Federal Credit Card Fraud Charges
Credit card fraud is also a federal crime. Credit card fraud involves interstate banking, online purchases, and federal laws, making it subject to federal criminal law.
Smaller credit card fraud crimes are generally handled by the state criminal court. However, more extensive credit card fraud, fraud across state lines, or credit card fraud involving multiple people may be investigated by federal agencies (such as the Federal Bureau of Investigation), and prosecuted in federal court.
The penalties for federal credit card fraud are generally harsher than California state penalties. Under federal law, a conviction for credit card fraud can result in up to 20 years in a federal penitentiary.
Credit Card Fraud Defenses
There are a number of possible defenses available to someone charged with credit card fraud. In some cases, use of another person's credit card could be a mistake. For example, if your mother gave you her credit card to purchase something for the store, you may have forgotten the card was in your wallet. Later, you accidentally use the card believing it to be your own. It may be a defense to credit card fraud charges because you did not intend to defraud anyone.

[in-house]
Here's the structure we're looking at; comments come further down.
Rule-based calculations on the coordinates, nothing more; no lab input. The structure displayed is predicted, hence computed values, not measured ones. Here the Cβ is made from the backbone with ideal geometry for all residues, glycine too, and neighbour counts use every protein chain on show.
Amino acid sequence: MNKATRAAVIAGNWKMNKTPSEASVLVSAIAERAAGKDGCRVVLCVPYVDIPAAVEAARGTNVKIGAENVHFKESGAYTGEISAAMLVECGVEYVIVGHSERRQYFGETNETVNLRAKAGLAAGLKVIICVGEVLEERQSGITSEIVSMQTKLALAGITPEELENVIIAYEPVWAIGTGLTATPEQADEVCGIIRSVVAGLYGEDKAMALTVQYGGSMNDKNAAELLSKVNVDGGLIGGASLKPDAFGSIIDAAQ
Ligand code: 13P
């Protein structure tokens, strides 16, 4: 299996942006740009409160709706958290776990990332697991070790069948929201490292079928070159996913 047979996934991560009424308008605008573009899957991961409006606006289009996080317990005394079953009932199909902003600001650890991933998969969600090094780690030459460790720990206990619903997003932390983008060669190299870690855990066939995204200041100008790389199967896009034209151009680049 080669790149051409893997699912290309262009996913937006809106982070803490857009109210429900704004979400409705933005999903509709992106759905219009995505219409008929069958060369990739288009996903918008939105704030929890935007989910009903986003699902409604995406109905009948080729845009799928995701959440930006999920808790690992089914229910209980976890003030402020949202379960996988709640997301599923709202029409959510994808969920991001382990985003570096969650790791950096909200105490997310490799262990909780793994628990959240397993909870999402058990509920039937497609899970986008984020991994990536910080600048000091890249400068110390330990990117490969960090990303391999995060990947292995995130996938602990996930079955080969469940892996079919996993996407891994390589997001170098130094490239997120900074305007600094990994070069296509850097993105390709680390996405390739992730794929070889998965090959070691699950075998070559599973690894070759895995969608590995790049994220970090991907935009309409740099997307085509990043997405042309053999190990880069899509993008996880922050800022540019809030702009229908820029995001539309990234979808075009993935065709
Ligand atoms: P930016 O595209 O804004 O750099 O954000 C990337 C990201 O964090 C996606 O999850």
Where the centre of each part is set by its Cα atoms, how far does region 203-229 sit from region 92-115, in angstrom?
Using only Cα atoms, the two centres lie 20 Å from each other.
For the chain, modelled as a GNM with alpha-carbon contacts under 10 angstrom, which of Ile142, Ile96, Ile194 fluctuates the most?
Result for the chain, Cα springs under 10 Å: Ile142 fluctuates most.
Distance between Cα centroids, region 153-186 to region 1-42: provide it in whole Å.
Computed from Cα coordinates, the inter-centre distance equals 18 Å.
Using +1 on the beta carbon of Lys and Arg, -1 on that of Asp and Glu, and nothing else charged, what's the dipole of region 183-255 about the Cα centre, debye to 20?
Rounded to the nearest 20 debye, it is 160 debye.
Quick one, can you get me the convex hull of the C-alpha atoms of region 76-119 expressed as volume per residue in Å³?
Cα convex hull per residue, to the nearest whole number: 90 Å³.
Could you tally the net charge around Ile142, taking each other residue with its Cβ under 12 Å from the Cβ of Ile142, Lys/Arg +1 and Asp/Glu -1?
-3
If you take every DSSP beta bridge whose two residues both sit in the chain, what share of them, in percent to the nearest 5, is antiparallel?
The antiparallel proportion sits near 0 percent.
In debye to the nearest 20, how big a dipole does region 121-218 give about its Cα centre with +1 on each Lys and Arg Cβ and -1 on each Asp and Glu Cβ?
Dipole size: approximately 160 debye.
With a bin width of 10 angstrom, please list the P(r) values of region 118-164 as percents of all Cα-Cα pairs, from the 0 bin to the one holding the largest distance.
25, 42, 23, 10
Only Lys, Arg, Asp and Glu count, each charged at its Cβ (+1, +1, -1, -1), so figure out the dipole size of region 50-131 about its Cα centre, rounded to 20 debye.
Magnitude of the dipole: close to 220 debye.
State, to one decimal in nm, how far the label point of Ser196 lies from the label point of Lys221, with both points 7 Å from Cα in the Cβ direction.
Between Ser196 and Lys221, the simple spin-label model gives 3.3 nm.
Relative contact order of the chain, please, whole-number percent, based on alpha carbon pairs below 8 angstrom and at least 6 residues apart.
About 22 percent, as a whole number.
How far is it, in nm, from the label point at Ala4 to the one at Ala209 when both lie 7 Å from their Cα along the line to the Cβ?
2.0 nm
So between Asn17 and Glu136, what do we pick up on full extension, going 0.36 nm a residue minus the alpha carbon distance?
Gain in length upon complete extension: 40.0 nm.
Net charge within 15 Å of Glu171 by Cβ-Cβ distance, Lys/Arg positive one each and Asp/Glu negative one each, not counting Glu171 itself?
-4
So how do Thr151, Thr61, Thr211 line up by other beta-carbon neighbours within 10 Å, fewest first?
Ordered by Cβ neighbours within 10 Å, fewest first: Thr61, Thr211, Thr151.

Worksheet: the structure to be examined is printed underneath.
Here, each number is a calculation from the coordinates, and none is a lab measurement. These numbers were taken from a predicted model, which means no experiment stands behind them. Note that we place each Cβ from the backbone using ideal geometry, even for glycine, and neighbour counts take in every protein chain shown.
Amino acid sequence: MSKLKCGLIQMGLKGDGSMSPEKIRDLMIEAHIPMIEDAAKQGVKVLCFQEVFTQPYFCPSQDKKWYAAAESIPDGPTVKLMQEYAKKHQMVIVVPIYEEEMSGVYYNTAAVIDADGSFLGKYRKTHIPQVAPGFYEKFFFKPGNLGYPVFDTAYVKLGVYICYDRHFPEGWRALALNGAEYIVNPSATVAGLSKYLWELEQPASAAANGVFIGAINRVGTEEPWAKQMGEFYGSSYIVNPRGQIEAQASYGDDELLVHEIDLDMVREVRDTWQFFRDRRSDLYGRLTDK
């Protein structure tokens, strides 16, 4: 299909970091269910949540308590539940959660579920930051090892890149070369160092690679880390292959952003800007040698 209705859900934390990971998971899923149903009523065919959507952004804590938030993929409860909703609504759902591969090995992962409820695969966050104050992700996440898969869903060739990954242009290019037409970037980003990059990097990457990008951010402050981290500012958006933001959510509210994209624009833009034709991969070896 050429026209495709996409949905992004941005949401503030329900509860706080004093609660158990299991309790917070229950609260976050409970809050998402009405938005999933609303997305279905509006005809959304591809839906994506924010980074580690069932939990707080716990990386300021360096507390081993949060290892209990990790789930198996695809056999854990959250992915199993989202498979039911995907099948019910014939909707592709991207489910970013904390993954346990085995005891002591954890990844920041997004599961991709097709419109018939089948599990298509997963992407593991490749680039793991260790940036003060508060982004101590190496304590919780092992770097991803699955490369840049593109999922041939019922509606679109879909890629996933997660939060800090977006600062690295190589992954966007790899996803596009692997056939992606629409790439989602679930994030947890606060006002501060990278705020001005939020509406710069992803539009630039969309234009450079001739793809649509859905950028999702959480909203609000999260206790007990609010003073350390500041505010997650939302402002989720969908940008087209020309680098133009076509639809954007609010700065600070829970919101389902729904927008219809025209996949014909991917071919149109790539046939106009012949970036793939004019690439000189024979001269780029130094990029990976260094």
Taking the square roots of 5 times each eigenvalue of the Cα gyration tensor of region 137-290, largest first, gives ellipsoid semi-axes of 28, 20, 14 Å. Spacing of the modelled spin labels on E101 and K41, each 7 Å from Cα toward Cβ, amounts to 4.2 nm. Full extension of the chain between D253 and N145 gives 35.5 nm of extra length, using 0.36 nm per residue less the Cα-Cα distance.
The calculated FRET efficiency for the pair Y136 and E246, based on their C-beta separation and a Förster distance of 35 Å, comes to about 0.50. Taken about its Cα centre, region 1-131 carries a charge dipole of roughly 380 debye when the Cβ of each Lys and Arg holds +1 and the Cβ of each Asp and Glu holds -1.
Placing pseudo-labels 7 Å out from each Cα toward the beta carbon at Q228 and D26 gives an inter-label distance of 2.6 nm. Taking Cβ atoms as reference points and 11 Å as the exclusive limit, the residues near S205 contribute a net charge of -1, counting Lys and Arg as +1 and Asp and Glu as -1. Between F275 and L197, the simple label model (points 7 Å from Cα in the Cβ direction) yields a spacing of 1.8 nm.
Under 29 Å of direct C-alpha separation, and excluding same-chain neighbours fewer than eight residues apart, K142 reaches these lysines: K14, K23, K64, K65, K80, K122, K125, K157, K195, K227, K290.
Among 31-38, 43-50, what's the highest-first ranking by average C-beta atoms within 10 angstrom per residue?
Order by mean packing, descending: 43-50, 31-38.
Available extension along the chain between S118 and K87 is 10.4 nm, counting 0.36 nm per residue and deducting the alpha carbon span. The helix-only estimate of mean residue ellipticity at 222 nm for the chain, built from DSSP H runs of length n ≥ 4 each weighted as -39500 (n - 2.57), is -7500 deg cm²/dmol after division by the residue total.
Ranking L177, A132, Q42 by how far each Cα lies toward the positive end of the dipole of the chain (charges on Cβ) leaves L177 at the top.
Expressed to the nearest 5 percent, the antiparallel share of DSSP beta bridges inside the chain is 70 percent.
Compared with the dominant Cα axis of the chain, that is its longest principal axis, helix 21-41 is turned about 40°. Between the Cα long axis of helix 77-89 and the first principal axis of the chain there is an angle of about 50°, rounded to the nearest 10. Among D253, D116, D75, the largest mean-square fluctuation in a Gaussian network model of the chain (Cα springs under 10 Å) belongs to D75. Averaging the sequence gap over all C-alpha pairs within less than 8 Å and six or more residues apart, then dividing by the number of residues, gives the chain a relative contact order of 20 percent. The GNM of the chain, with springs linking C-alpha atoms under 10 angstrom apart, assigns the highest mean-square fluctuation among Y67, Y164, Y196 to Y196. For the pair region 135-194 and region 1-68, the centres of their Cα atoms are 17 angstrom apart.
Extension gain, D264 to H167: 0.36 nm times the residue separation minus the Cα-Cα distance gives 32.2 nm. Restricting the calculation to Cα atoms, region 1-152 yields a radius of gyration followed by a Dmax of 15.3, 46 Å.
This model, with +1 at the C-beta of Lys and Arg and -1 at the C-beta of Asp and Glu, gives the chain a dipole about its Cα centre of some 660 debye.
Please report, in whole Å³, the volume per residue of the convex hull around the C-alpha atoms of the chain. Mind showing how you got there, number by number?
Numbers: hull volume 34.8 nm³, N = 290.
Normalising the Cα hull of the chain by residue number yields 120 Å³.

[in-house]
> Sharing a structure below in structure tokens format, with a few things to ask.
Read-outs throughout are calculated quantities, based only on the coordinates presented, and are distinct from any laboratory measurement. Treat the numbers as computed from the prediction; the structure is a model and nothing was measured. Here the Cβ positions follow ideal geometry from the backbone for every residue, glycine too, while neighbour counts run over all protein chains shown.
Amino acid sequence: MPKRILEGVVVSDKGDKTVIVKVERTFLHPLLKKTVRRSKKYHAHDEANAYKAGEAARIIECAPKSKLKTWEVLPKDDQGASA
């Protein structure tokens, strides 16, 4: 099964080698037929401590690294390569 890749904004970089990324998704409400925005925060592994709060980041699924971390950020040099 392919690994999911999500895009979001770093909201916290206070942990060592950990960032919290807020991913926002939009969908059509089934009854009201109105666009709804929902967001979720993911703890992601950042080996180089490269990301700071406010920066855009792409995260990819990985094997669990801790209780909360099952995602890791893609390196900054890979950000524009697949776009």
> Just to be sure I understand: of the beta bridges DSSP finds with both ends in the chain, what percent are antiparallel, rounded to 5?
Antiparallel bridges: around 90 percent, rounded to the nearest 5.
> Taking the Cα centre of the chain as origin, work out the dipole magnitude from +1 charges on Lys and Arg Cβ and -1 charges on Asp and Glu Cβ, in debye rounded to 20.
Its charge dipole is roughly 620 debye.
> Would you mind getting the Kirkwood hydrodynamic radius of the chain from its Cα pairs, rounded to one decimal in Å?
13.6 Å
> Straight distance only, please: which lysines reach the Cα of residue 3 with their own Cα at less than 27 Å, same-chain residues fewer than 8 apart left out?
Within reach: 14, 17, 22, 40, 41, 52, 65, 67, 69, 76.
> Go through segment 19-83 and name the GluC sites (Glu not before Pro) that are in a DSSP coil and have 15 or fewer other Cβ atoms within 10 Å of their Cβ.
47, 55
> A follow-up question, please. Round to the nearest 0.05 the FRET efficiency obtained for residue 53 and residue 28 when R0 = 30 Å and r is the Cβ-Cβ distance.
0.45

If the police found evidence of credit card fraud through an illegal search, that evidence may be able to be suppressed in court. Illegally gathered evidence may be subject to a motion to suppress evidence court filing. If the prosecutor cannot use evidence of the illegal search, the prosecutor may not have enough evidence to bring a case against the defendant.
Experienced Criminal Defense Attorney
Lynn Gorelick has more than 30 years of criminal defense experience and understands the penalties involved with criminal fraud charges. She understands how to approach the individual facts of each case for the greatest chance of success, keeping her clients out of jail and maintaining a clean record. If you are facing credit card fraud charges anywhere in Contra Costa County or Alameda County, contact Lynn Gorelick, who understands you do not have to plead guilty just because you were arrested.